Jo Jo Gunne

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Jo Jo Gunne is a rock band, formed in Los Angeles, California, in 1971 by Jay Ferguson (keyboards, vocals and guitar) and Mark Andes (bass guitar and vocals) after they had left Spirit. The group's name is derived from "Joe Joe Gun", a Chuck Berry song that peaked at #83 as a single in November 1958.

Career[edit]

Jay Ferguson (born May 10, 1947) and Mark Andes (born 19 February 1948) started the band with the addition of Mark's brother Matt Andes (born Feb 6, 1949, California) (guitar, vocals) and William "Curly" Smith (born 31 January 1952, Wolf Point, Montana) (drums, vocals and harp), they were signed to Asylum Records.

Jo Jo Gunne had a Top 10 hit in the UK Singles Chart with the song, "Run Run Run", taken from their first album, Jo Jo Gunne (1972), which peaked at 27 in U.S. charts, and received airplay on U.S. album-oriented rock FM radio stations.[1]

The group did not maintain the commercial momentum of their first release. With Jumpin' the Gunne's tasteless album cover being blamed for drastically falling sales, they broke up in 1975.

Personnel changes[edit]

Following the first album, Mark Andes left the band after a falling out with his brother Matt and Ferguson and was replaced by Jimmie Randall. Randall introduced a brighter bass sound and helped increase the band's overall volume.

Matt Andes left after Jumpin' the Gunne, and he was briefly replaced by Star Donaldson. A more permanent replacement was found in John Staehely (born 25 January 1952, Austin, Texas), who had played on Feedback, the Spirit album that followed Ferguson and Andes's departure. Staehely's overdriven guitar was a complete change from Matt Andes's Ry Cooder style slide guitar.

After the band broke up, Ferguson recorded several solo albums, including the hit singles "Thunder Island" and "Shakedown Cruise", and scored TV shows and mostly non-notable movies. Andes joined Firefall and, later, Heart. Smith went on to have a successful career as a session drummer, and also played with Spirit in the 1980s and Boston from 1994 to 2000.

Reunion[edit]

The original line-up temporarily got back together around 1992. In a July 1995 interview in Vintage Guitar Magazine, Mark Andes recalls: "Curly Smith called me up and noted that it was the twentieth anniversary of when that band had formed; Steve Lukather took us into the studio and we recorded a lot of new material, but it didn’t go anywhere". They had better luck in 2005 and began recording again, once more with the help of devoted friend Steve Lukather. Although the group ultimately failed to return to the stage, their recordings from this period are cherished by fans for the wicked slide of guitarist Matt Andes and the off-beat writing of the group, contributed mainly by Jay Ferguson. The 2005 recordings were eventually put out as an album, Big Chain.

Recordings[edit]

The band's first album Jo Jo Gunne was released in 1972 and the first single Run, Run, Run became a top 40 hit with the album riding the charts to #57 on Billboard's Top 100 Albums.

Jo Jo Gunne's second album Bite Down Hard skirted the bottom of the Billboard Top 100 Charts rising no further than #75 and the fact that there was no breakout single failed to generate interest and sales for the band. The album was produced by Bill Szymczyk who was best known at the time for his production work on Joe Walsh's Barnstorm and B.B. King's Completely Well which featured the hit single "The Thrill Is Gone".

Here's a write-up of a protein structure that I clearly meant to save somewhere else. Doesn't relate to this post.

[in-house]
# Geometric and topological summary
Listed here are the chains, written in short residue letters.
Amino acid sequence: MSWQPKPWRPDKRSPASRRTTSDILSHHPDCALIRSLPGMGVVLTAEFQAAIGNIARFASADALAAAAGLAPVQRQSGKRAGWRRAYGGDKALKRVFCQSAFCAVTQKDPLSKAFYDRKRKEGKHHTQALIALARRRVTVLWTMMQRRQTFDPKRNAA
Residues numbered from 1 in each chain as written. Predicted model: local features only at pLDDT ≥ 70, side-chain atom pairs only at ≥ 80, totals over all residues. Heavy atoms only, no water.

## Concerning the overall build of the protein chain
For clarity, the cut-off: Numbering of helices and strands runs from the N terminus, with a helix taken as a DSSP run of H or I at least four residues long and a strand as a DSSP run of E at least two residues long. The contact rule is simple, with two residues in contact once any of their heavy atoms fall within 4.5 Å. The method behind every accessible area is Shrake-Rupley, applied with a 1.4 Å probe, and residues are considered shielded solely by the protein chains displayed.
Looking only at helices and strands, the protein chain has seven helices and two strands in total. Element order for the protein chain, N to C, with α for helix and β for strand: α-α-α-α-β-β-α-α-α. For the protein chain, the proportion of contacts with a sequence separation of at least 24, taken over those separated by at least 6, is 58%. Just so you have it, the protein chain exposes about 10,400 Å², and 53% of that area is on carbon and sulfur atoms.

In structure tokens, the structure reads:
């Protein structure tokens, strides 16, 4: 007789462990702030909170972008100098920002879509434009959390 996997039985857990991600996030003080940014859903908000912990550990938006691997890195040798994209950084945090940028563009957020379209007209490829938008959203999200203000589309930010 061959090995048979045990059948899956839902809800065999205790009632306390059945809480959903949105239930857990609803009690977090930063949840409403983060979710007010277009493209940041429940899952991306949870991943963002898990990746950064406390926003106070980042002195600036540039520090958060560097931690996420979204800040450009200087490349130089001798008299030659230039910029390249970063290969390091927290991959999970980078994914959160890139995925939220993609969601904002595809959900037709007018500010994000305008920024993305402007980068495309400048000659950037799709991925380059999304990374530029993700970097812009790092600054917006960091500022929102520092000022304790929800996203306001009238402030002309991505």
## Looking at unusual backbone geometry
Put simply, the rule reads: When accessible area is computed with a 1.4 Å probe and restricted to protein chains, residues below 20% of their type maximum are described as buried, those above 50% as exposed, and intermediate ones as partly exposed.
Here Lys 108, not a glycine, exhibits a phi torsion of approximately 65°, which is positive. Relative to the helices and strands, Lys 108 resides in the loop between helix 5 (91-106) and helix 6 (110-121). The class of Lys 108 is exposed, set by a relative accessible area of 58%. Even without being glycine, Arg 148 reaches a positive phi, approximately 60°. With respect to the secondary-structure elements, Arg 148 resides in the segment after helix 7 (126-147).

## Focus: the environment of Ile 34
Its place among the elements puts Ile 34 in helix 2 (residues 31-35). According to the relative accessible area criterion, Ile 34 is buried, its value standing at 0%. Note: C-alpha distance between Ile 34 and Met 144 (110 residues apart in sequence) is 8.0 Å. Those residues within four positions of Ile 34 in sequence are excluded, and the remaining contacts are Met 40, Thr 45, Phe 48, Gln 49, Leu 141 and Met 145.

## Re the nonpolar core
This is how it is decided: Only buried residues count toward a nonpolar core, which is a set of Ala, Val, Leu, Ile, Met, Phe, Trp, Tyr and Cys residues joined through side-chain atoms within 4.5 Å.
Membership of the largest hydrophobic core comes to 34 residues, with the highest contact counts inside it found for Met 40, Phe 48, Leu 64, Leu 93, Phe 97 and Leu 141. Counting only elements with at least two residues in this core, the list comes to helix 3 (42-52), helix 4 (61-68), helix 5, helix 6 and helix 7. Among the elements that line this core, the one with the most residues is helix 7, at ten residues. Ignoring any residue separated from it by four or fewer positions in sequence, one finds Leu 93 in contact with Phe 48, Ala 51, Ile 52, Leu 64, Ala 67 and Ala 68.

The band's third album Jumpin' the Gunne failed to rise any higher than #169 on the Billboard Top 200 Chart. This was partially attributed to a controversial cover of an overweight naked woman jumping over the band who were in a bed as she attempted to reach a baby pig. The gatefold jacket had the same woman with the album credits written on her in black marker as she cavorts with a piglet. [2] The lack of a strong hit single doomed the second album to the bottom of the charts. Szmczyk occupied the producer's chair again for the album. Guitarist Matthew Andes left the band after the completion of the third album.

The band's fourth album So...Where's The Show? featured new guitarist John Staehely (who, ironically, had replaced Randy California in a short lived version of Jay Ferguson's former band Spirit). Staehely's harder edged sound complimented Ferguson's songs giving the band a much harder rock sound than on their previous efforts. [3] Nevertheless, the album floated no higher than #198 on the Billboard Album Charts. After the tour to support So...Where's The Show, the band fragmented and was not heard from again until the 2005 release Big Chain, which featured re-recordings of their previous album tracks mixed in with new material.

in 2000 Rhino Handmade issue the band's four albums plus five unreleased bonus tracks as The Asylum Recordings Volume 1 and 2. The Rhino Handmade set sold out. These were reissued by Wounded Bird minus the booklet in 2013. In 2012 the band's four albums were reissued on a two CD set by the British Edsel label without the bonus tracks included on the Rhino Handmade release.

Albums[edit]

  • Jo Jo Gunne (1972)
  • Bite Down Hard (1973)
  • Jumpin' The Gunne (1973)
  • So...Where's The Show? (1974)
  • Jo Jo Gunne/Bite Down Hard/Jumpin' The Gunne/So...Where's The Show?(2012)
  • The Asylum Recordings Volume 1(2000, reissued in 2013 by Wounded Bird)
  • The Asylum Recordings Volume 2 (2000, reissued 2013 by Wounded Bird)
  • Big Chain (2005)

See also[edit]

References[edit]

  1. ^ Roberts, David (2006). British Hit Singles & Albums (19th ed.). London: Guinness World Records Limited. p. 283. ISBN 1-904994-10-5. 
  2. ^ Allmusic.com
  3. ^ Foss, Richard. Allmusic.com

External links[edit]